Process Systems Engineering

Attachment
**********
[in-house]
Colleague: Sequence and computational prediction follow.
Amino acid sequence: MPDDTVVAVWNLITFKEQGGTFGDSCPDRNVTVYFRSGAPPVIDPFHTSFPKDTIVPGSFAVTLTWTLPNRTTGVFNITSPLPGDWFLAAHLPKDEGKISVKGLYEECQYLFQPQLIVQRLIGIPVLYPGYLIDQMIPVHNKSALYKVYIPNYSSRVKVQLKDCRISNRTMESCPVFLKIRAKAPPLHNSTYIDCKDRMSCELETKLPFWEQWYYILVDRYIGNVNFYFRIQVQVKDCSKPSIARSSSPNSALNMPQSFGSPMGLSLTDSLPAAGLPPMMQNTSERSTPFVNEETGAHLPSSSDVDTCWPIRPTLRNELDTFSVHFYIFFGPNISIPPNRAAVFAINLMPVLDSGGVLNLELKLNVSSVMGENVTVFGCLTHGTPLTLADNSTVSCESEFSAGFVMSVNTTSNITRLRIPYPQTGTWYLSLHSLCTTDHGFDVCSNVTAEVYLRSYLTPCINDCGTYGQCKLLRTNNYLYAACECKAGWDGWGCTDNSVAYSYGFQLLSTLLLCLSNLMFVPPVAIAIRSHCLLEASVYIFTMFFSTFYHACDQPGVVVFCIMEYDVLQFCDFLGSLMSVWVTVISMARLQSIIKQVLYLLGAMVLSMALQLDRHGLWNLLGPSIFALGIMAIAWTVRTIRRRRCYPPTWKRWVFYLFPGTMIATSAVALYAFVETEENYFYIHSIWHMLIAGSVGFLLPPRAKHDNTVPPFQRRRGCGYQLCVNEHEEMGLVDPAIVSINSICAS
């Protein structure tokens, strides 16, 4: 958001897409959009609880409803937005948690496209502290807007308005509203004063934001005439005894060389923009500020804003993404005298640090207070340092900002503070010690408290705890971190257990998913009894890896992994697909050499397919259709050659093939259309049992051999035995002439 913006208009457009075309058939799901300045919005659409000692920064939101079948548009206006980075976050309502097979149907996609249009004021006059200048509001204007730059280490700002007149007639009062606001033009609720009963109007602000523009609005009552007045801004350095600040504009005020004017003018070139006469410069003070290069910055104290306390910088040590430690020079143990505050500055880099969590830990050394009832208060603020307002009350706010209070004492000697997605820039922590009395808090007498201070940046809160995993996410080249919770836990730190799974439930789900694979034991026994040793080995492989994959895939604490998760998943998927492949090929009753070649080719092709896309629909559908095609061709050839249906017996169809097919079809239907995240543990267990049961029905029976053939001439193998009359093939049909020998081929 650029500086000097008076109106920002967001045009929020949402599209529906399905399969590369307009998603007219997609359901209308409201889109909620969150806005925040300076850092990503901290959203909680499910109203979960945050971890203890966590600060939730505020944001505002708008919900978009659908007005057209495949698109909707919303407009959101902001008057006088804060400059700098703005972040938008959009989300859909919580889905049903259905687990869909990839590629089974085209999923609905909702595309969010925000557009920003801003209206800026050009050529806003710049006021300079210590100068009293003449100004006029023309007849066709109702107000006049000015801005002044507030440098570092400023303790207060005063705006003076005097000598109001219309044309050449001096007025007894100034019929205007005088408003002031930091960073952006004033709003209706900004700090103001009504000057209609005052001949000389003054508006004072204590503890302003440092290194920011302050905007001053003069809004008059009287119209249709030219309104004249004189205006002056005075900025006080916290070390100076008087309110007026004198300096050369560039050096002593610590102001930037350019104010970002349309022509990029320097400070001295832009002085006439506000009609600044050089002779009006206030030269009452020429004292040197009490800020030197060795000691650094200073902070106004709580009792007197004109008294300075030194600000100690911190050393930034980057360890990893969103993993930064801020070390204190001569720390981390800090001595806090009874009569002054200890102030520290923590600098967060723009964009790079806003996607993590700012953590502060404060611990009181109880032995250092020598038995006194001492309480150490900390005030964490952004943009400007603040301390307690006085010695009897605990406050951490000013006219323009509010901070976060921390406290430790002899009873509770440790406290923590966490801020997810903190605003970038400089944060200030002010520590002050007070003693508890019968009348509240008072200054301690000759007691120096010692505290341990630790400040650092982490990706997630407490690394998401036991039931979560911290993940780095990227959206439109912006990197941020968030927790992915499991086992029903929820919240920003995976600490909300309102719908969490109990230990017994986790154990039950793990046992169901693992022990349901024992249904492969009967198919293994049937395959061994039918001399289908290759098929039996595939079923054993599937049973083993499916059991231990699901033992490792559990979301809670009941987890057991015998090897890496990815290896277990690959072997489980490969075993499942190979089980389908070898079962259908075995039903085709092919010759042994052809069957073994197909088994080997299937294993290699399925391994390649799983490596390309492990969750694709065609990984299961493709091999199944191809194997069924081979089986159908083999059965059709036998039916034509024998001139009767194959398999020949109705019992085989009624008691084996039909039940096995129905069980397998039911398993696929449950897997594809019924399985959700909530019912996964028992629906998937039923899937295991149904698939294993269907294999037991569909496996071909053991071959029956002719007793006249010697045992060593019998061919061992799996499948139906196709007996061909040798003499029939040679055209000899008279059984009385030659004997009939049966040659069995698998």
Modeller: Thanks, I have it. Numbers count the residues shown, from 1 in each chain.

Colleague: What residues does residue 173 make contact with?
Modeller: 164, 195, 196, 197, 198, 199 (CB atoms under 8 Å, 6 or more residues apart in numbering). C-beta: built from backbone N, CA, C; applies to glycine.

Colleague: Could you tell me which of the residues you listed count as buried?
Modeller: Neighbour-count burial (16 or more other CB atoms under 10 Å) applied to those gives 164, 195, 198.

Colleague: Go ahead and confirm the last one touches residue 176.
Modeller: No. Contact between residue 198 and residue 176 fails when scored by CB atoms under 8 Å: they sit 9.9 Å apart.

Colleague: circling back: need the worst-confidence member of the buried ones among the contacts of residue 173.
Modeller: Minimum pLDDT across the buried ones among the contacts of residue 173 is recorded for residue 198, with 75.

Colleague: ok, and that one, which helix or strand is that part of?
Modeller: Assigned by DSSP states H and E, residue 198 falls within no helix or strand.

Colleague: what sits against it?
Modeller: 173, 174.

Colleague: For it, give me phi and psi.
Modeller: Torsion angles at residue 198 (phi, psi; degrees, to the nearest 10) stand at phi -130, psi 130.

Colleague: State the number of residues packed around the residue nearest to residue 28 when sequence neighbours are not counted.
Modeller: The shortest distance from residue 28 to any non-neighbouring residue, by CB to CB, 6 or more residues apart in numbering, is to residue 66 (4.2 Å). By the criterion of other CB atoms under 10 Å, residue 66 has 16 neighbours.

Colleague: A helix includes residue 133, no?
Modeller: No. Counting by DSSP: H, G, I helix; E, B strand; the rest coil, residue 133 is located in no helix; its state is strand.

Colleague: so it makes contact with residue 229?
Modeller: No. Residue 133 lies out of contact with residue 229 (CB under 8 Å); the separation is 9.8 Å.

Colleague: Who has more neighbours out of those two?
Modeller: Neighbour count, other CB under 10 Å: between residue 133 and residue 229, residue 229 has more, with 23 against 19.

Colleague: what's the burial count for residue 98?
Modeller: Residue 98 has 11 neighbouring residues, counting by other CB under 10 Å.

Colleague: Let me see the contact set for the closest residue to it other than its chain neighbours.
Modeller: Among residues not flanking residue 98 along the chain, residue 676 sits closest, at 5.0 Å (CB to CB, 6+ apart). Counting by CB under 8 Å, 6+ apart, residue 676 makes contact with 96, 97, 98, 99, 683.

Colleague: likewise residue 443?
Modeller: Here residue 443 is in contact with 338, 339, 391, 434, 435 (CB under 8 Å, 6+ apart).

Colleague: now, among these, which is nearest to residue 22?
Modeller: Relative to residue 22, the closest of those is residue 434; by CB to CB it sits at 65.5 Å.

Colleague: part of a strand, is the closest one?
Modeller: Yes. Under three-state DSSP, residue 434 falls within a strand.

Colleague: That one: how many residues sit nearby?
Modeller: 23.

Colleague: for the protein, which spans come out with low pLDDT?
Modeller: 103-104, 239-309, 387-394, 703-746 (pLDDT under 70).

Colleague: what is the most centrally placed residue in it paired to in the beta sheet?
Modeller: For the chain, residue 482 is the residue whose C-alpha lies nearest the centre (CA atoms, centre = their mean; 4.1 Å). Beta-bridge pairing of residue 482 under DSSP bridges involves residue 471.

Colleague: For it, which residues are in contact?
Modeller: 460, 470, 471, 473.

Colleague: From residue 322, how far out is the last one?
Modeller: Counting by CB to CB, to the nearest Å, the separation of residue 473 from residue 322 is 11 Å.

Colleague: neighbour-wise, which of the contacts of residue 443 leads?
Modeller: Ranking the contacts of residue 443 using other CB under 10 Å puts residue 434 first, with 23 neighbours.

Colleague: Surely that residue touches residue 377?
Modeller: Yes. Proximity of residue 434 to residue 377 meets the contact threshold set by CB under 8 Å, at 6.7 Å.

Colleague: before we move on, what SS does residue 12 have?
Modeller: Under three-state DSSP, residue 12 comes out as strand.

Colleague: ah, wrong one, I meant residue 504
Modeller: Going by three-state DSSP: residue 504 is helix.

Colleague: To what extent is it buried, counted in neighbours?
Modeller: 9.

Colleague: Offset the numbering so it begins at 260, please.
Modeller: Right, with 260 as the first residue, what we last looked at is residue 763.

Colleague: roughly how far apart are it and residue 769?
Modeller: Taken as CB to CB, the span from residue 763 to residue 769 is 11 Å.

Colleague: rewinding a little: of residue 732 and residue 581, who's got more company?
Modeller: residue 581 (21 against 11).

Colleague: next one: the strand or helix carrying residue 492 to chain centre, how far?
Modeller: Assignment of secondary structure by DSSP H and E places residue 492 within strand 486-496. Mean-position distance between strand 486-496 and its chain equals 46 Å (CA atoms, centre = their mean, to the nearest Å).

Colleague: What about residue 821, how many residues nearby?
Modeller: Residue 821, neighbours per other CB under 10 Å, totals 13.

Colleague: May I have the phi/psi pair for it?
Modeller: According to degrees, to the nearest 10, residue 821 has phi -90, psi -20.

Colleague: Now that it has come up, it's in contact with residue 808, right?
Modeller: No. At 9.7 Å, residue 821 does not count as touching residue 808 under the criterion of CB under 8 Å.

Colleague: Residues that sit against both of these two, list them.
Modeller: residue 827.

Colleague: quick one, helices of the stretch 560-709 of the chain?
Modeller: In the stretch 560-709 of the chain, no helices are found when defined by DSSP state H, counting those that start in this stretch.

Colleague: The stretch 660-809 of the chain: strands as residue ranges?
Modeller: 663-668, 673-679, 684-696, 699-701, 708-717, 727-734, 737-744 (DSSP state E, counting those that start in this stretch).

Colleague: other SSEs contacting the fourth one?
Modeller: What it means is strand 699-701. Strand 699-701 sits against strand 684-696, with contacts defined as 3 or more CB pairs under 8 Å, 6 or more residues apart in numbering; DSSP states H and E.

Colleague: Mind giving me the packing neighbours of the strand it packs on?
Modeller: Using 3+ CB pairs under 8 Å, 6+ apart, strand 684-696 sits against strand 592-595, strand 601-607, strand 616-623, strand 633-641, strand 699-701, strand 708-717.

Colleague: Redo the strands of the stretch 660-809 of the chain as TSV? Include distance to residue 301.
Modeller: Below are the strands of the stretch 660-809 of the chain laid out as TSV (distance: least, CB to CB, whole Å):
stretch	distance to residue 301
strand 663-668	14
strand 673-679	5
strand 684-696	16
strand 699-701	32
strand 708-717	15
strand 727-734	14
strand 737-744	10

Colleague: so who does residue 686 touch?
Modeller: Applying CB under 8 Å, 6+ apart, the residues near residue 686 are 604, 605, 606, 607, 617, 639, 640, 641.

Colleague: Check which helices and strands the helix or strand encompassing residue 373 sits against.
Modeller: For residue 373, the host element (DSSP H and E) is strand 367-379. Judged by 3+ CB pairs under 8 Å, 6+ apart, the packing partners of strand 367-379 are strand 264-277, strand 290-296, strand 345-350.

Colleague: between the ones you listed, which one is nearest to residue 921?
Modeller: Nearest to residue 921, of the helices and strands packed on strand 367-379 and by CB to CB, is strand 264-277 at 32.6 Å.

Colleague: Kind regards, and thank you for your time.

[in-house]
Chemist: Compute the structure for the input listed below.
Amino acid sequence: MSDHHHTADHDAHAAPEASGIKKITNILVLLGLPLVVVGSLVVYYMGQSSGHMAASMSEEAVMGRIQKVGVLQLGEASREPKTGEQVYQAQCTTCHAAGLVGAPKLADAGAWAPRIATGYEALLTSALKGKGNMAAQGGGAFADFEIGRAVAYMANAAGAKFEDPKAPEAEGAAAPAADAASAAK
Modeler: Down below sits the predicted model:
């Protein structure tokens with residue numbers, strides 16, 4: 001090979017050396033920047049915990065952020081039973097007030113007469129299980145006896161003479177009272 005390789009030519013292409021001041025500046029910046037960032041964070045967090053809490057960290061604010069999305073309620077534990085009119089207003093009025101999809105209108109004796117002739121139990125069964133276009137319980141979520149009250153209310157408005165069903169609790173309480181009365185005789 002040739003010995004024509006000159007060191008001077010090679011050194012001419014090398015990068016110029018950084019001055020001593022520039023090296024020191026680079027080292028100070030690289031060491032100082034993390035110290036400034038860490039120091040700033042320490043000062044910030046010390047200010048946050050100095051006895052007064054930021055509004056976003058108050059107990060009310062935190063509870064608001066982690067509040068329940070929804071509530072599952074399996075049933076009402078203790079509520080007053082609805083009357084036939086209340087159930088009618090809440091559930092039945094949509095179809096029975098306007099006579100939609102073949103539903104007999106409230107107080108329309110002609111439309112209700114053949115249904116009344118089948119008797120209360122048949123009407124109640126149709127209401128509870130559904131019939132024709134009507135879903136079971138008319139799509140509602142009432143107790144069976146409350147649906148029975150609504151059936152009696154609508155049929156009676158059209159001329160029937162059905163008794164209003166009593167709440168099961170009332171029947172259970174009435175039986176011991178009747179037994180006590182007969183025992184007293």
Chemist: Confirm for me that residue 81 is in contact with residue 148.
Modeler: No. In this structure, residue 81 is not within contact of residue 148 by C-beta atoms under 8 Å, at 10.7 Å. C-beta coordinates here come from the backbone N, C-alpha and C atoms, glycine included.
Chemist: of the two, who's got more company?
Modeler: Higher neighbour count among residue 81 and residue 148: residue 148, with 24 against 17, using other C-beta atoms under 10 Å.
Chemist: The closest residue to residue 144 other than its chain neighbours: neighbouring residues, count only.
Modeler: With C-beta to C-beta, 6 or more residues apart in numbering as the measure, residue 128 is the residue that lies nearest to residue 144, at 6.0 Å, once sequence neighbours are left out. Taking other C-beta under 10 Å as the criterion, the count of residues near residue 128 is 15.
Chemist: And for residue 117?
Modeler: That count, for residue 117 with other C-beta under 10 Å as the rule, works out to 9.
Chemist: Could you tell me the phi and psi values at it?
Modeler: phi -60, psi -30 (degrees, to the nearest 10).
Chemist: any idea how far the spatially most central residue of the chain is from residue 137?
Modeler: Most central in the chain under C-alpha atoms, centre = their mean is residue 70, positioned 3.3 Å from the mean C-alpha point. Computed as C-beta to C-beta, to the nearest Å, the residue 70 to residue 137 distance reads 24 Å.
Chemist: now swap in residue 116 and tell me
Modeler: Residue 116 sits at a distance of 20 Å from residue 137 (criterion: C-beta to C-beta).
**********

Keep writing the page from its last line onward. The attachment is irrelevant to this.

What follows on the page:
Process Systems Engineering (PSE) focuses on a complete, life cycle view of the manufacturing process in chemical engineering, beginning from the scale of molecule discovery & scale up to the other end of spectrum relating to achieving manufacturing excellence and minimizing environmental impact. The PSE research has been focusing on these various individual steps in the life cycle of process engineering from both theoretical as well application perspectives. Beginning at the smallest scale of molecular modeling, research work at the department has focused on Novel multi-scale simulation techniques for simulating complex interacting systems.The molecular scale information is employed with macroscopic models to describe chemical processes at the device length scales. Attempts to exploit the predictive capabilities of these multi-scale models for optimizing aforementioned devices are also currently underway. At the larger scale, the group has been focusing on the development of a generalized reactor model framework that can accommodate the wide diversity of chemical reactors. Establishing empirical cause and effect relationships for the purposes of process development, scale-up, process optimization, advanced process control, as well as fault detection and diagnosis, has been an area of significant activity in the systems engineering group. Basic and advanced optimization has been a focus area of research in the department with several important and critical applications. Optimization for sensor network design that balances different criteria, such as process observability, precision & accuracy of parameter estimates and fault isolability, and overall cost of the sensor network has been an another active research area of the group. The group also focuses on the design of energy efficient heat exchanger networks along with approaches to identify opportunities for process intensification, i.e evolving substantially smaller, cleaner, and more energy-efficient designs. Some of key applications that are being considered are design of novel reactive separations methods for important industrial systems and design of new and alternate process routes related to green manufacturing. Basic and advanced process control approaches are deployed in chemical process manufacturing to realize the optimal targets resulting from design and/or operational optimization steps. Model predictive control (MPC) has been one of the popular model based control algorithms. The group works on multi-parametric MPC approach with special applications to fast transient systems. Biological systems exhibit several interesting phenomena at the cell level such as significantly amplified sensitivity of enzyme cascades. To develop a better understanding of these interesting phenomena, control theoretic approaches have been successfully used to represent and explain the feedback-like structures at the cell level.